Category: Healthcare

The Evolution Of Virtual Reality

Introduction

Virtual reality is most widely utilized for entertainment, such as video games, 3D films, and virtual social worlds. Video game firms first introduced virtual reality headsets for consumers in the early to mid-1990s. Oculus (Rift), HTC (Vive), and Sony (PlayStation VR) all introduced next-generation commercial tethered headsets in the 2010s, igniting a new wave of application development. Sporting events, fine art, music videos, and short films have all utilized 3D cinema.

In this blog, we will be covering the following:

What is Virtual Reality?          

The Origin

First Invention

  • Virtual Reality in the 1950s and 1960s
  • Virtual Reality in the 1970s and 1980
  • Virtual Reality in the 1990s and 2000s

How does Virtual Reality work?

  • Pros of Virtual Reality
  • Cons of Virtual Reality           

Virtual Reality hardware and software          

VR Devices    

  • Virtual Reality Headset          
  • Software        
  • Audio  

Applications of Virtual Reality

  • Healthcare
  • Entertainment
  • Automotive
  • Education
  • Space & Military
  • Architecture
  • Digital Marketing
  • Occupational Safety
  • Social Science and Psychology
  • Tourism

Conclusion     

What Is Virtual Reality?

Virtual Reality is a technique that mimics vision, resulting in a 3-dimensional environment where a person appears to be immersed through it or taking part in it. It is a 3D environment managed in 3D by the person in the experience.

On the other hand, the user making 3D VR environments experiences or explores them using appropriate devices like VR headsets. The use of computer technology to create a simulated environment that can dig in 360 degrees is known as Virtual Reality or VR. Virtual Reality, as compared to traditional interfaces, immerses the user in the virtual environment.

The Origin

In the previous 50 years, Virtual Reality has come a long way, yet it is still regarded as cutting-edge technology. It’s strange how it works. The detailed history that led to virtual reality’s existence is unknown; however, it has been a subject of discussion for many centuries. But, in the last few years, technology has risen to turn fantasy into reality.

Image source: ResearchGate.com

First Invention

In 1968, American computer scientist Ivan Sutherland and his student Bob Sproull developed the first virtual reality headgear. While it was the first instance of a VR system that looked anything like we have today, ‘virtual reality had been proposed in art and literature since the 1860s.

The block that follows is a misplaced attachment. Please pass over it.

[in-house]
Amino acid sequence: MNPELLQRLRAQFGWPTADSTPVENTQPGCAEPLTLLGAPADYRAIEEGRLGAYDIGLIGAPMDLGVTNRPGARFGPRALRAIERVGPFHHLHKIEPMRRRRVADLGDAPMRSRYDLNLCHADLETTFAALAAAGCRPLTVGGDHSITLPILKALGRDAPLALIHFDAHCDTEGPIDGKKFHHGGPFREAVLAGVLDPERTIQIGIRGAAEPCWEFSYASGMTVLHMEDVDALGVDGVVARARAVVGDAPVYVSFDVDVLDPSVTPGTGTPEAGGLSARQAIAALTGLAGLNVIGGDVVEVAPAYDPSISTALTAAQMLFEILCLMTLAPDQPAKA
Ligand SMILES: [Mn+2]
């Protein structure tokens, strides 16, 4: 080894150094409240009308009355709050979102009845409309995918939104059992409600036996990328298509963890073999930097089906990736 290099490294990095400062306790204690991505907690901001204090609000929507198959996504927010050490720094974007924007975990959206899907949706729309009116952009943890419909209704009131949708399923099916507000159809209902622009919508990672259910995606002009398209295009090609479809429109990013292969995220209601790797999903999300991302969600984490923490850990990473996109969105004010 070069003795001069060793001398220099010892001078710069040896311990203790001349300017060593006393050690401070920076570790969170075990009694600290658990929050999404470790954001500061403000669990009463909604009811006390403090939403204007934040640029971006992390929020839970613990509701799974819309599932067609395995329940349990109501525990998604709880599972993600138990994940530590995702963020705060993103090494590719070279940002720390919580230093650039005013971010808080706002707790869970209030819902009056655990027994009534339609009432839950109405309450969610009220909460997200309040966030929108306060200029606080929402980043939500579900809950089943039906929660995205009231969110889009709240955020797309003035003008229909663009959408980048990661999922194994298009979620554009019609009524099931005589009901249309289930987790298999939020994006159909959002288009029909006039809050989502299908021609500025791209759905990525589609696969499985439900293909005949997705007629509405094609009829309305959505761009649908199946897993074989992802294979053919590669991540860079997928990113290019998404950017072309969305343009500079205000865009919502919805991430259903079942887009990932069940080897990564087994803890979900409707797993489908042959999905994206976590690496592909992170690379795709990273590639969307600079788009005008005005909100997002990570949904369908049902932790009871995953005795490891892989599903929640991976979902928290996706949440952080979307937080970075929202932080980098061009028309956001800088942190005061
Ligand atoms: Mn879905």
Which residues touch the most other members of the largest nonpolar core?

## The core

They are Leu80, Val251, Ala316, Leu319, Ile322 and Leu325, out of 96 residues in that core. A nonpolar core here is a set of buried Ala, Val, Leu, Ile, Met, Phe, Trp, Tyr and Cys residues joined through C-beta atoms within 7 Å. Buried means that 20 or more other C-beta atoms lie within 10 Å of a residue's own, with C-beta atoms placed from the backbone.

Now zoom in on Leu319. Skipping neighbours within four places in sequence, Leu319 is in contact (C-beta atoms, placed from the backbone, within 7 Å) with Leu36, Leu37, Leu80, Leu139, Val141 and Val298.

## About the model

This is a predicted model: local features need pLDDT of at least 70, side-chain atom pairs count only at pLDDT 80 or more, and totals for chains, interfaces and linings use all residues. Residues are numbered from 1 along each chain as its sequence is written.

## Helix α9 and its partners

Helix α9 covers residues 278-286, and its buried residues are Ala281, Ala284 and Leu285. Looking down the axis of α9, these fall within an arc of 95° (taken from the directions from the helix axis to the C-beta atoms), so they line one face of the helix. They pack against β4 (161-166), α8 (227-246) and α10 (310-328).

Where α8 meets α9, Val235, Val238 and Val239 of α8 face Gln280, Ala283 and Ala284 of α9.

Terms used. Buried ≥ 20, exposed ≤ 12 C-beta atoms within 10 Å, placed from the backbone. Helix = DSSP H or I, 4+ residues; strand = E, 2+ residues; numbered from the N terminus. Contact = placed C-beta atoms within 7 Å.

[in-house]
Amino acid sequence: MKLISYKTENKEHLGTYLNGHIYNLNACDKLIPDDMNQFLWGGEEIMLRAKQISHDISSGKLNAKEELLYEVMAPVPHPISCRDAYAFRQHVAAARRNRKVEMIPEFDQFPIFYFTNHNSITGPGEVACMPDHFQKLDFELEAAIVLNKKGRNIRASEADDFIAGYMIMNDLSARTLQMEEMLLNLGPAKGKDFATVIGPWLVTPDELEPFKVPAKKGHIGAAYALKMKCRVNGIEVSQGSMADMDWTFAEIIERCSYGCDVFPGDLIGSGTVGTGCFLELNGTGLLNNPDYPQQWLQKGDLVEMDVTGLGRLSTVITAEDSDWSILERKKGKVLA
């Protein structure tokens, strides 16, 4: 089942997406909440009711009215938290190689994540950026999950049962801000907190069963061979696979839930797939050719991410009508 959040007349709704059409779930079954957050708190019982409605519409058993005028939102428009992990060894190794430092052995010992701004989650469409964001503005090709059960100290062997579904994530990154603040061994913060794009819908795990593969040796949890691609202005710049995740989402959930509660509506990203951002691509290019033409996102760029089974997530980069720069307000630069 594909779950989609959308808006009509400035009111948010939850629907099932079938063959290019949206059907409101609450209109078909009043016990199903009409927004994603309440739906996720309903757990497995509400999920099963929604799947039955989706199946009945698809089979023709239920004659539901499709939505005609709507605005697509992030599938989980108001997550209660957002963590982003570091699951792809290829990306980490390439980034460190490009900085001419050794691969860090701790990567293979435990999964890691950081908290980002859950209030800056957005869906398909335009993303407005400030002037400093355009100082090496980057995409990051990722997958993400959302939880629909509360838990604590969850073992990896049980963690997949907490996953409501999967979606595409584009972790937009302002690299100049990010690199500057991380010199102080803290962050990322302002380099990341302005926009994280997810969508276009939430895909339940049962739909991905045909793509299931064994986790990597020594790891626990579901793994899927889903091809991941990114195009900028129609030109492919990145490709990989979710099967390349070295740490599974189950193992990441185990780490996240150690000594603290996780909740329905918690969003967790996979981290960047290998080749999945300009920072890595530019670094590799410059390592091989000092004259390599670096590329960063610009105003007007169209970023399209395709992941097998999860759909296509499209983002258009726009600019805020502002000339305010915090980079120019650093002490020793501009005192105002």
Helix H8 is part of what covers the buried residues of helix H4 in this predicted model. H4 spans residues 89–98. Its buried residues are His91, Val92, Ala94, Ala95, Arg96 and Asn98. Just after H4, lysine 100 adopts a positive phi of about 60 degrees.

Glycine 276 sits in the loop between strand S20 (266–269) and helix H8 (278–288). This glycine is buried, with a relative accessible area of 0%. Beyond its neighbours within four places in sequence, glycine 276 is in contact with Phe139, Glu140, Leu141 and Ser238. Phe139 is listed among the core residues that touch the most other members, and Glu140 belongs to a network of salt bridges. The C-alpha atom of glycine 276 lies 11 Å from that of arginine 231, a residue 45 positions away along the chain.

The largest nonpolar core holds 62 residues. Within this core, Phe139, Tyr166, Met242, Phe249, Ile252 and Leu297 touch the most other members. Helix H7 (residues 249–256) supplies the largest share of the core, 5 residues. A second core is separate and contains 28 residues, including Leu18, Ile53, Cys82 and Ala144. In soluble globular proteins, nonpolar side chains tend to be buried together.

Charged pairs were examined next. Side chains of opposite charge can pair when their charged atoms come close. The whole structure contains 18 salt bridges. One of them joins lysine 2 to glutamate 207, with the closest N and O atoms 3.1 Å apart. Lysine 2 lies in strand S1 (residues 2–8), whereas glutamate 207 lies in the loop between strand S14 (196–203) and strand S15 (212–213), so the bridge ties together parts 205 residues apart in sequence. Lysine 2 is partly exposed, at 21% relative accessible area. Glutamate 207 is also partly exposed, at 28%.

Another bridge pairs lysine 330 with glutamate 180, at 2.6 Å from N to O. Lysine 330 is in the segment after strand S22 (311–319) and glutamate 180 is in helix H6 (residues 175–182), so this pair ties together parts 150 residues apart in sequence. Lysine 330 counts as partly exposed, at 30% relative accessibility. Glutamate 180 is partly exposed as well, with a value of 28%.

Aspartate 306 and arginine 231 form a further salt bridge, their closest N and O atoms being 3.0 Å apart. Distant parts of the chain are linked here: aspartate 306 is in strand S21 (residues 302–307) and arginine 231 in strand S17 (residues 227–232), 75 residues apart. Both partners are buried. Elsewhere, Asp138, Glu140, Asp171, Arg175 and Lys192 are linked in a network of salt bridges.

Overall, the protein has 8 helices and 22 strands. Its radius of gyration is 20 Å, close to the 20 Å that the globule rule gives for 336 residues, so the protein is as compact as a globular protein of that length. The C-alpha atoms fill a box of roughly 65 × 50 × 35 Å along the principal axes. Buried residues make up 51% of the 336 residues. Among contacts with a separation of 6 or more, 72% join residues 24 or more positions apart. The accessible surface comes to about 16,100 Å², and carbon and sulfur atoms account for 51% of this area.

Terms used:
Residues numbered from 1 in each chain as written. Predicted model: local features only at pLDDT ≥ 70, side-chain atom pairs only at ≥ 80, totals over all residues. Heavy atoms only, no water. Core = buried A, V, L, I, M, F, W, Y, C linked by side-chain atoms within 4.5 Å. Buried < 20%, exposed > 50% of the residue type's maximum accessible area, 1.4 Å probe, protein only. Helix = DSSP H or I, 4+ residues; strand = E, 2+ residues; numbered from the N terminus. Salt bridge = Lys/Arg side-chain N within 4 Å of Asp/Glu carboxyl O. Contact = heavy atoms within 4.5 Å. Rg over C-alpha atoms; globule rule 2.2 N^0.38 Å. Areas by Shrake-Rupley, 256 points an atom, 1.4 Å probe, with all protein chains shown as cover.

To completely comprehend the development of this concept, we must first take a step back to discover how VR evolved from a mere hypothesis to a standalone reality.

Virtual Reality in the 1950s and 1960s:

Let’s look at the beginnings of this fictitious technology and how it came to be.

  1. The Sensorama, a theatrical cabinet multimedia gadget that allowed viewers an interactive experience, was designed by Morton Heilig, a cinematographer –1957
  2. Comeau and Bryan, two Philco Corporation engineers, designed the Headlight, the first head-mounted display (HMD) – 1961
  3. A military engineer named Thomas Furness created the first flight simulator for the Air Force –1966
  4. Ivan Sutherland, a Harvard professor, and computer scientist, developed ‘The Sword of Damocles,’ the first VR/AR head-mounted display -1968

Virtual Reality in the 1970s and 1980s:

  1. The Aspen Movie Map, created by MIT, utilizes images taken from a car in Aspen, Colorado, to provide viewers with a “Surrogate Travel” experience –1978
  2. The film Tron popularized the concept of Virtual Reality –1982
  3. The phrase ‘virtual Reality’ was coined by John Lanier, a computer scientist, researcher, and artist. He founded the Visual Programming Lab (VPL) and co-developed Dataglove –1987

Virtual Reality in the 1990s and 2000s:

  1. The Virtuality Group produced a series of games and arcade machines, making Virtual Reality accessible to the general public –1991
  2. Nintendo released the Virtual Boy, the first portable system with 3-D graphics – 1995
  3. The SAS cube was the first PC-based cubic room introduced. The Virtools VRPack was born from the SAS library – in
  4. Google announced Street View in collaboration with Immersive Media –

How Does Virtual Reality Work?

Virtual Reality technology permits the creation of a digital environment aimed at replicating real-world scenarios or creating an imaginary world made up of non-realistic components, for example, games that allow players to participate in different methods with risk-free options.

Virtual Reality is a complete immersion of the user in virtual reality. For these experiences, the user requires VR headsets to experience the entire 360-degree understanding of the virtual world. It’s a preferred technology in the entertainment and gaming industries and is entering other sectors, including construction and medical.

Pros of Virtual Reality

  • It creates an engaging learning area; students can practice their abilities with VR. For instance, medical students could practice performing surgery instead of looking through AR.
  • Improved cognitive abilities VR could aid the user in developing their thinking and decision-making abilities. A new pilot may wish to go through a risky scenario in a virtual world to gain experience and prepare for what is likely to occur within the actual world.
  • Improved social interaction: In the wake of events that will cancel around the globe in 2020 and 2021, VR programmers have developed a place where users can live stream the event from the virtual space. It makes people feel as if everyone is in the same area.